• Some studies found that price transparency reduces prices by 10-17%[40], up to 14%[41]. Other results are more modest when financial incentives are not provided to patients to shop, but they are never zero.[42] With health care consuming a fifth of the economy, even the most modest results could make a huge difference. 
  • Employers who use “steering,” that is, incentivizing enrollees through zero cost sharing for using the lower-cost, high-quality providers, save on average double digits in the first year, and up to 60% several years in.[43]
  • Economists studied the grocery chain’s employee program using transparent and reference-based pricing, which saved 27% on lab tests and 13% on imaging.[44]
  • When CA state employees program started using reference-based pricing (transparent pricing based on a Medicare rate), there was a 9-14% increase in utilization of lower-priced facilities, and a 17-21% percent reduction in prices. 75% of those price reductions spilled out into the rest of CA – that is, for patients who were not in the state employee plans, because providers lowered their prices overall to compete with each other.[45]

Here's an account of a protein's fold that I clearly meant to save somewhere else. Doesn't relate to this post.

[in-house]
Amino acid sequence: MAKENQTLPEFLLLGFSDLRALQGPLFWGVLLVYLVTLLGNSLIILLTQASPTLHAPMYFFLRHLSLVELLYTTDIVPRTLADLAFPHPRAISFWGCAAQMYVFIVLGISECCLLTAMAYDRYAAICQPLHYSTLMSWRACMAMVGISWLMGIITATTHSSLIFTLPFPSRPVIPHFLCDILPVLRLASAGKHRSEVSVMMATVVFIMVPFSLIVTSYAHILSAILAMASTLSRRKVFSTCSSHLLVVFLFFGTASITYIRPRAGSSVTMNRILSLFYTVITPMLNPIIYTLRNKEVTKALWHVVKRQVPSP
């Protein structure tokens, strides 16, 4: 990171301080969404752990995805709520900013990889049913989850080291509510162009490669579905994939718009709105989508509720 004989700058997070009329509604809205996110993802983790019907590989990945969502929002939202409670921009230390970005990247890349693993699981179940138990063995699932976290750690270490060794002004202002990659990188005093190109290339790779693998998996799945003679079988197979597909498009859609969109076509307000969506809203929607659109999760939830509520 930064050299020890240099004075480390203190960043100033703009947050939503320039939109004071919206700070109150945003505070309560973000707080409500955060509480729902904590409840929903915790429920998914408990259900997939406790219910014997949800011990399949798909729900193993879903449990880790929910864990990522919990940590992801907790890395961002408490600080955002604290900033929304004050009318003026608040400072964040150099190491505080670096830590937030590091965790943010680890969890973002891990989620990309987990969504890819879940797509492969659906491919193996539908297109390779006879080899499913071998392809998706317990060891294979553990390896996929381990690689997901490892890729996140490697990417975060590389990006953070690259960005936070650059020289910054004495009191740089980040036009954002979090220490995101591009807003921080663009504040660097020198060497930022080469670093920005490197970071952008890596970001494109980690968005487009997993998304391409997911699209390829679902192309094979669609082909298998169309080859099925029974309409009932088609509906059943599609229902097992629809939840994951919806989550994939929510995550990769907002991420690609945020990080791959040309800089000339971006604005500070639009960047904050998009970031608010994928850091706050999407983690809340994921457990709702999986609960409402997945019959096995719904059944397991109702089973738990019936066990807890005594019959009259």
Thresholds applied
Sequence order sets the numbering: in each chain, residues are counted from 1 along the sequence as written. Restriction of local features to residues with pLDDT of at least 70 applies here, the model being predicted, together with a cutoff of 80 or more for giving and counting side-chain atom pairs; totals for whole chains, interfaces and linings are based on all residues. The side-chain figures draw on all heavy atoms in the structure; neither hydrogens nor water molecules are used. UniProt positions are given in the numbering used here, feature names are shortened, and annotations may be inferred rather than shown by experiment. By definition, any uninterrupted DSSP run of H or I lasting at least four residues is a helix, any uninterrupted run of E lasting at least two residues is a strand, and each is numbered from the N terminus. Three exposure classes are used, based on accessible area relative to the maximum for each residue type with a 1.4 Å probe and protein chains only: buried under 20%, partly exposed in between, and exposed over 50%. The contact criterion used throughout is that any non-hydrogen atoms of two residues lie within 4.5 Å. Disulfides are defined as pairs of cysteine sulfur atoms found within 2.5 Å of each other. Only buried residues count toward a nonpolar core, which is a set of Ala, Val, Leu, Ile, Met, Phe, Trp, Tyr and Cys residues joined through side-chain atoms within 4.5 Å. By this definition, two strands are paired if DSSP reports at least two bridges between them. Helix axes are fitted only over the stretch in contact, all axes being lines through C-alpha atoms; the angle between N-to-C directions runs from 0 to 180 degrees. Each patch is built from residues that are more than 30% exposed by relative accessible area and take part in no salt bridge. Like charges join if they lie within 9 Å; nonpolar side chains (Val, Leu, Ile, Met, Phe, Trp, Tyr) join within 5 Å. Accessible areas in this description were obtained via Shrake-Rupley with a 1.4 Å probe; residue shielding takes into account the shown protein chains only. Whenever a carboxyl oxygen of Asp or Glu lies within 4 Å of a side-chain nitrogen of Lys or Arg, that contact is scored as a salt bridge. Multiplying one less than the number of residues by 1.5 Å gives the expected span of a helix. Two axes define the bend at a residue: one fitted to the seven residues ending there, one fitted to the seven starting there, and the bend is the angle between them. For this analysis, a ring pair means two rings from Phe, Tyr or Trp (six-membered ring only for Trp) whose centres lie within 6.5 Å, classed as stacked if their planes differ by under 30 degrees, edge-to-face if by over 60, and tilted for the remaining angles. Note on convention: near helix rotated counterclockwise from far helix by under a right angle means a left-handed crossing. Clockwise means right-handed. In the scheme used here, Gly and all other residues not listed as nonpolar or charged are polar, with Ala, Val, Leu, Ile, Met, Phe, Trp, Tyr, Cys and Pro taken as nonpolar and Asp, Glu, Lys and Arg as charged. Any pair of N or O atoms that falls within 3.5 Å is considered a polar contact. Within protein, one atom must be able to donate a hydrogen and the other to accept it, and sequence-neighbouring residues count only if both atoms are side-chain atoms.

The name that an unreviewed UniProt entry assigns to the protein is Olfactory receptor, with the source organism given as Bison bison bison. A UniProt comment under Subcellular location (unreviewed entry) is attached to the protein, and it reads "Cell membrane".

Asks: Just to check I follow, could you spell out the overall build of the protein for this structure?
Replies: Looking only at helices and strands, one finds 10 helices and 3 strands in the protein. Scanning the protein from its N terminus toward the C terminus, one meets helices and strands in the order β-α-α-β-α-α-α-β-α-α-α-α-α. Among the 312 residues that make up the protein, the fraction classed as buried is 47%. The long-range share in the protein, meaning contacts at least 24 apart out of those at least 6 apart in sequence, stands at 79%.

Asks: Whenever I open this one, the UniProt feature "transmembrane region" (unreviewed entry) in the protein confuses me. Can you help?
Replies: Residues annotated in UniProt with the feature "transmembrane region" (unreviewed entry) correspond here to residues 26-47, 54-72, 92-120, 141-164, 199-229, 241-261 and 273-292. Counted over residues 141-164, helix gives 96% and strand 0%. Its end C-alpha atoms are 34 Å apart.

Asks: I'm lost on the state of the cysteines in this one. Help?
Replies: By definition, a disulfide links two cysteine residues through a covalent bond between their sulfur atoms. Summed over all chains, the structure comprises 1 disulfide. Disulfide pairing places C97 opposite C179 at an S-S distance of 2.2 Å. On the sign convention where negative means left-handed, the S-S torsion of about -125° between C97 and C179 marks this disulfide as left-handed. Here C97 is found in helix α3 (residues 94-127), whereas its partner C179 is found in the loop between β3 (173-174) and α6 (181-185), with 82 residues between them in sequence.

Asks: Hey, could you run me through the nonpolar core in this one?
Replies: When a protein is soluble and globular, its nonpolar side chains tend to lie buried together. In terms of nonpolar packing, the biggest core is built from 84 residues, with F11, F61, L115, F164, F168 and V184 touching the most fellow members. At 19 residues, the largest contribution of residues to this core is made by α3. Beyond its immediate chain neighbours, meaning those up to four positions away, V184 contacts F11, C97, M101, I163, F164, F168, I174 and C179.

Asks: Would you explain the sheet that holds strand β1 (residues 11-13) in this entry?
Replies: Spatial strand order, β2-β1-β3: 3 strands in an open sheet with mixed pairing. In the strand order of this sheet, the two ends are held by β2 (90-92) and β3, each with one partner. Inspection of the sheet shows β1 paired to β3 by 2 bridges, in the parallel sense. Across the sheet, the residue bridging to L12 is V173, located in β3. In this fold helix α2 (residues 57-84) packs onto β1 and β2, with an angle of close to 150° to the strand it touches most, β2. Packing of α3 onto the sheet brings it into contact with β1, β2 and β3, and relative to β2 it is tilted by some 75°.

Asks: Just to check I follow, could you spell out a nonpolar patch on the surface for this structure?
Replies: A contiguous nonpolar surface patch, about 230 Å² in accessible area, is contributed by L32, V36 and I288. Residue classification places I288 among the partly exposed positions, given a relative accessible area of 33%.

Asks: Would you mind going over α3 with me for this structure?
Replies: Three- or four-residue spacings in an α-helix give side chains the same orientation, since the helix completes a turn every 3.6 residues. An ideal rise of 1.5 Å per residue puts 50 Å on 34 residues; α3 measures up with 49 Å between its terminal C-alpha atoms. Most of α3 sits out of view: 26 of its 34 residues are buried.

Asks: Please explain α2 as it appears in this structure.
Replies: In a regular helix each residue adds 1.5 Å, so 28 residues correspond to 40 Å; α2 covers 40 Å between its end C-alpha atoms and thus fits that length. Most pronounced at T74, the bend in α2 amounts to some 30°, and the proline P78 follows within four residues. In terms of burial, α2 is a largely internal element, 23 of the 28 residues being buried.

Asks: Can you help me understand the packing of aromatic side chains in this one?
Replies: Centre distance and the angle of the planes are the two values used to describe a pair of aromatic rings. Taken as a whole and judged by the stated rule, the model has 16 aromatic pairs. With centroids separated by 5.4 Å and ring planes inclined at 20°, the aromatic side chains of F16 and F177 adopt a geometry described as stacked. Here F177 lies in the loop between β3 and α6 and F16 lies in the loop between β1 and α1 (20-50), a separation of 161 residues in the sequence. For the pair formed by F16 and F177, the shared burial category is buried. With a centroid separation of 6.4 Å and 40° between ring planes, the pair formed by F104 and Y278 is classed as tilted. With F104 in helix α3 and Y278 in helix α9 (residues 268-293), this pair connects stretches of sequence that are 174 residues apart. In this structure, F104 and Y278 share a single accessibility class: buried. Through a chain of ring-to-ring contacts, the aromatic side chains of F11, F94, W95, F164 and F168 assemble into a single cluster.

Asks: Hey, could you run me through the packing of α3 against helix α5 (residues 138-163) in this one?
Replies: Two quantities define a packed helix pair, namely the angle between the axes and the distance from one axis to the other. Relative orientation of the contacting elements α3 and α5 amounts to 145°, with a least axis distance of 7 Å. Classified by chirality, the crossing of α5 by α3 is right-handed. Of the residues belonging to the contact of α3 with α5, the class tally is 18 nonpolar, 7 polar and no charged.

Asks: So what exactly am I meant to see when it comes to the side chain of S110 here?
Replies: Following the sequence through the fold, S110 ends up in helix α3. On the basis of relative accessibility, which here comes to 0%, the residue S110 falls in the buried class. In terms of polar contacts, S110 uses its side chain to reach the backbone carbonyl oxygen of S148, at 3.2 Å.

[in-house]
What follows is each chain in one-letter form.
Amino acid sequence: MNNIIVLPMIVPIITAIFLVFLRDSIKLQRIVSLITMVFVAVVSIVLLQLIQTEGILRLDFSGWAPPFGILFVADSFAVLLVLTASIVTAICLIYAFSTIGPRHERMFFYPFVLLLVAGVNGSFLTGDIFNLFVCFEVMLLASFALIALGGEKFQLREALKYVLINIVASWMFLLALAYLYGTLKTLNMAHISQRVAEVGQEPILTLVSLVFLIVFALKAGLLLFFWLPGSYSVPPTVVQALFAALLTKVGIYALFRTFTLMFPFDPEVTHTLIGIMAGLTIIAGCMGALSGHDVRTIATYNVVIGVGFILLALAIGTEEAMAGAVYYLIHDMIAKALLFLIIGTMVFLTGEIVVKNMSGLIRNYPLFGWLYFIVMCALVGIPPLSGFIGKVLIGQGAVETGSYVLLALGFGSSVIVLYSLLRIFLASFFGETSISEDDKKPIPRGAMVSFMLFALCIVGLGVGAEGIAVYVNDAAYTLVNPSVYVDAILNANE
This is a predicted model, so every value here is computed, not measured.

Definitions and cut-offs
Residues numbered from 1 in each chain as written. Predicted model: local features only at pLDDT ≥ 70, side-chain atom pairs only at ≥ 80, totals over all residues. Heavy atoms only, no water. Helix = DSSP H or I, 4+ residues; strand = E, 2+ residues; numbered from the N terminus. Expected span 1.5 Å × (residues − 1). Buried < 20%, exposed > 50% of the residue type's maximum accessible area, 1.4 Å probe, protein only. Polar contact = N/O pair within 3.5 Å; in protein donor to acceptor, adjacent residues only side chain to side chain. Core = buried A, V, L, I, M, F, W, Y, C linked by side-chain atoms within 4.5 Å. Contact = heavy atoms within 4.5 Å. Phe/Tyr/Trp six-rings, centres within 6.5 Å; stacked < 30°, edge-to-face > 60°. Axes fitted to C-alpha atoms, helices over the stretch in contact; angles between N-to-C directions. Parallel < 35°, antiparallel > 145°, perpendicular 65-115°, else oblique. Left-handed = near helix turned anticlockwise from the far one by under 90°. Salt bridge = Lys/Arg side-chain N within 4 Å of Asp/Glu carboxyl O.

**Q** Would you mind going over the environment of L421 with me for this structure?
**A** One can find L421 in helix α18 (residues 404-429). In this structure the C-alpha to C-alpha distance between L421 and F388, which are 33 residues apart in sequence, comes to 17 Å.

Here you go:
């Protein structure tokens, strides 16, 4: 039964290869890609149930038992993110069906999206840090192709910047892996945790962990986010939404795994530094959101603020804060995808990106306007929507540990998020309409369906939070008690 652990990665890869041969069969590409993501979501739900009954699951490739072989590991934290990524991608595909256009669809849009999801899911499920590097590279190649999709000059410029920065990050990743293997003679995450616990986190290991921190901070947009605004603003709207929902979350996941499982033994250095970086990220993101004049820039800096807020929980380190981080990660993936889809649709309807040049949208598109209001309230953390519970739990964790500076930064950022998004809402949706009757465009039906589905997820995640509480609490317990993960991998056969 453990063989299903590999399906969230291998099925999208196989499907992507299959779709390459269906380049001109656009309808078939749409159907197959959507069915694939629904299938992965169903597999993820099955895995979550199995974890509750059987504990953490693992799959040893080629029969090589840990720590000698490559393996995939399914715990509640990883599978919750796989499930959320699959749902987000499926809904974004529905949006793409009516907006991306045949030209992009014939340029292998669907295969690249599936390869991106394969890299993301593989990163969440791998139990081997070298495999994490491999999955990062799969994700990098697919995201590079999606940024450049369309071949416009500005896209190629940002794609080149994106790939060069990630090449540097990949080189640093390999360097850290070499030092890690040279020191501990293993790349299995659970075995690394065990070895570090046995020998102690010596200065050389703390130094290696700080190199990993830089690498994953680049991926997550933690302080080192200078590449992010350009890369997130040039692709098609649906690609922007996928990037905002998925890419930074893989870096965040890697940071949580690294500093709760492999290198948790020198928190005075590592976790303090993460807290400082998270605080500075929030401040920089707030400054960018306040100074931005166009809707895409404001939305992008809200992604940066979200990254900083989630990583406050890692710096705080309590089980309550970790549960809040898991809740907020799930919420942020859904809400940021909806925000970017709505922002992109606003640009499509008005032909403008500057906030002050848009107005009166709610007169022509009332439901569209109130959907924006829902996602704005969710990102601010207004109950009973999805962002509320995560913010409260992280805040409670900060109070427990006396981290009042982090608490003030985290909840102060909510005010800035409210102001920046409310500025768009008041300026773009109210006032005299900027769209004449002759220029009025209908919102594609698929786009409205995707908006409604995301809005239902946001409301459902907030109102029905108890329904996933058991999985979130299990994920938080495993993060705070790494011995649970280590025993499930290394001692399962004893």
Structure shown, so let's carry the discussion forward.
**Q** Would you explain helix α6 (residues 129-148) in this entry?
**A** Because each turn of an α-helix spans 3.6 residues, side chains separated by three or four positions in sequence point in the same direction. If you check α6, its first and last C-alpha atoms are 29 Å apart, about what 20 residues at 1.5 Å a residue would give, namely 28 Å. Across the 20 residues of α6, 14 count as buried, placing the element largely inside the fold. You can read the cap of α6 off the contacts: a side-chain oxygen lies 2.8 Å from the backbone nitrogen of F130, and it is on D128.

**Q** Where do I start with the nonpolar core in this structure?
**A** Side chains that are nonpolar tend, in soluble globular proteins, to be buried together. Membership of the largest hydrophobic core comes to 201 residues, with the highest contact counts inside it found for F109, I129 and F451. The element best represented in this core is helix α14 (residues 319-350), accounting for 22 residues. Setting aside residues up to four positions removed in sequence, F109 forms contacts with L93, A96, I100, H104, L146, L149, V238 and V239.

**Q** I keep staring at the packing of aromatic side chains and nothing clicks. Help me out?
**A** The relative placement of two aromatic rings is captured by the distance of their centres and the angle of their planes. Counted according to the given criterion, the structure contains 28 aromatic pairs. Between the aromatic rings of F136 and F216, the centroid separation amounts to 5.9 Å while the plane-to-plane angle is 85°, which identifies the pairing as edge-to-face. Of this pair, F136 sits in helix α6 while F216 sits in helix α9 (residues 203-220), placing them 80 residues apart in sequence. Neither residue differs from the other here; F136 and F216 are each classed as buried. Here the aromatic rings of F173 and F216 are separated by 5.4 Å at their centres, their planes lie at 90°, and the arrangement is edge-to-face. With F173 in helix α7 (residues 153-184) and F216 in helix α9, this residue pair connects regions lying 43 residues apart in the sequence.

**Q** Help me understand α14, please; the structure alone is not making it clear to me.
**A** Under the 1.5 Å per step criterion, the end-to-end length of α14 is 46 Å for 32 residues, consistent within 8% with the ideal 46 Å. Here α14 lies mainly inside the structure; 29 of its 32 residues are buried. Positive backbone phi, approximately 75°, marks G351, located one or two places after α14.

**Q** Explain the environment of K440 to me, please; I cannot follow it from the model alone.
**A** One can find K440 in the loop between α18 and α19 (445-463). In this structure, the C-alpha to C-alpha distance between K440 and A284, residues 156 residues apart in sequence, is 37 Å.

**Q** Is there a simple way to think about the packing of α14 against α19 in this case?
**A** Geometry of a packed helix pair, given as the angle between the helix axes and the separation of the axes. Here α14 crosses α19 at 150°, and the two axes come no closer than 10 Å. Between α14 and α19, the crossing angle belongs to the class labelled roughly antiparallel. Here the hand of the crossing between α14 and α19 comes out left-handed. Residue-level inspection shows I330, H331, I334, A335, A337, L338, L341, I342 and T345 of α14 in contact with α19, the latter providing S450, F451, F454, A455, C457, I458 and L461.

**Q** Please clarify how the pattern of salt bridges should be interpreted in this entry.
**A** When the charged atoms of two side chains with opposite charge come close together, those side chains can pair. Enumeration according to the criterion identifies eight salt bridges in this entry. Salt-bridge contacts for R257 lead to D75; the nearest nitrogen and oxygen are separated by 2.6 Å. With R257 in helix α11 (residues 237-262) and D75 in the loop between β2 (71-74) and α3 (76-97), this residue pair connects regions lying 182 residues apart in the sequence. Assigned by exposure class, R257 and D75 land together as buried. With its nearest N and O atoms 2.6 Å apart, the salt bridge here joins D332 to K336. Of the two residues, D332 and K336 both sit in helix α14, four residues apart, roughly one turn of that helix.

• Singapore system, based on transparent prices and market competition = 75% cheaper than in U.S.[46]


  • 88% of Americans support price transparency in health care.[47] – Harvard Harris
  • 91% support[48] – YouGov
  • McLaughlin poll:[49]
    • 90% of voters support, 98% of women under 40, 95% of all people under 40.
    • 82% know how transparency helps: that it leads to more competition, better quality and lower costs.
    • 60% think Congress should pass this policy in the next COVID package. 66% of Democrats, 66% Blacks, 60% Hispanics.
    • 67% think the AHA should drop its lawsuit now to keep hiding prices. 




[4], Kaiser Family Foundation



[7] ,  


[9], p. 4 and 18






[15] Taking Neighbors to Court: Johns Hopkins Hospital Medical Debt Lawsuits. May, 2019.




[19] Ibid.

[20] 2019 analysis by Ge Bai and Gerard Anderson of Johns Hopkins University, using same methodology (but with 2016 data) as their 2015 paper in Health Affairs: , personal communication.


[22] Ge Bai, Gerard Anderson of Johns Hopkins, 2016.


[24] Bruhn et al, 2019. Prevalence of Hospitals Garnishing Wages for Unpaid Medical Bills. JAMA, pre-publication, personal communication by co-author Makary, Feb 2019



[27] Sun EC, Mello MM, Moshfegh J, Baker LC. Assessment of Out-of-Network Billing for Privately Insured Patients Receiving Care in In-Network Hospitals. JAMA Intern Med. 2019;179(11):1543–1550. doi:





[32]  ,











[43] Chase, Dave (2017). CEO’s Guide to Restoring the American Dream. Seattle, WA. Health Rosetta Media, p. 81.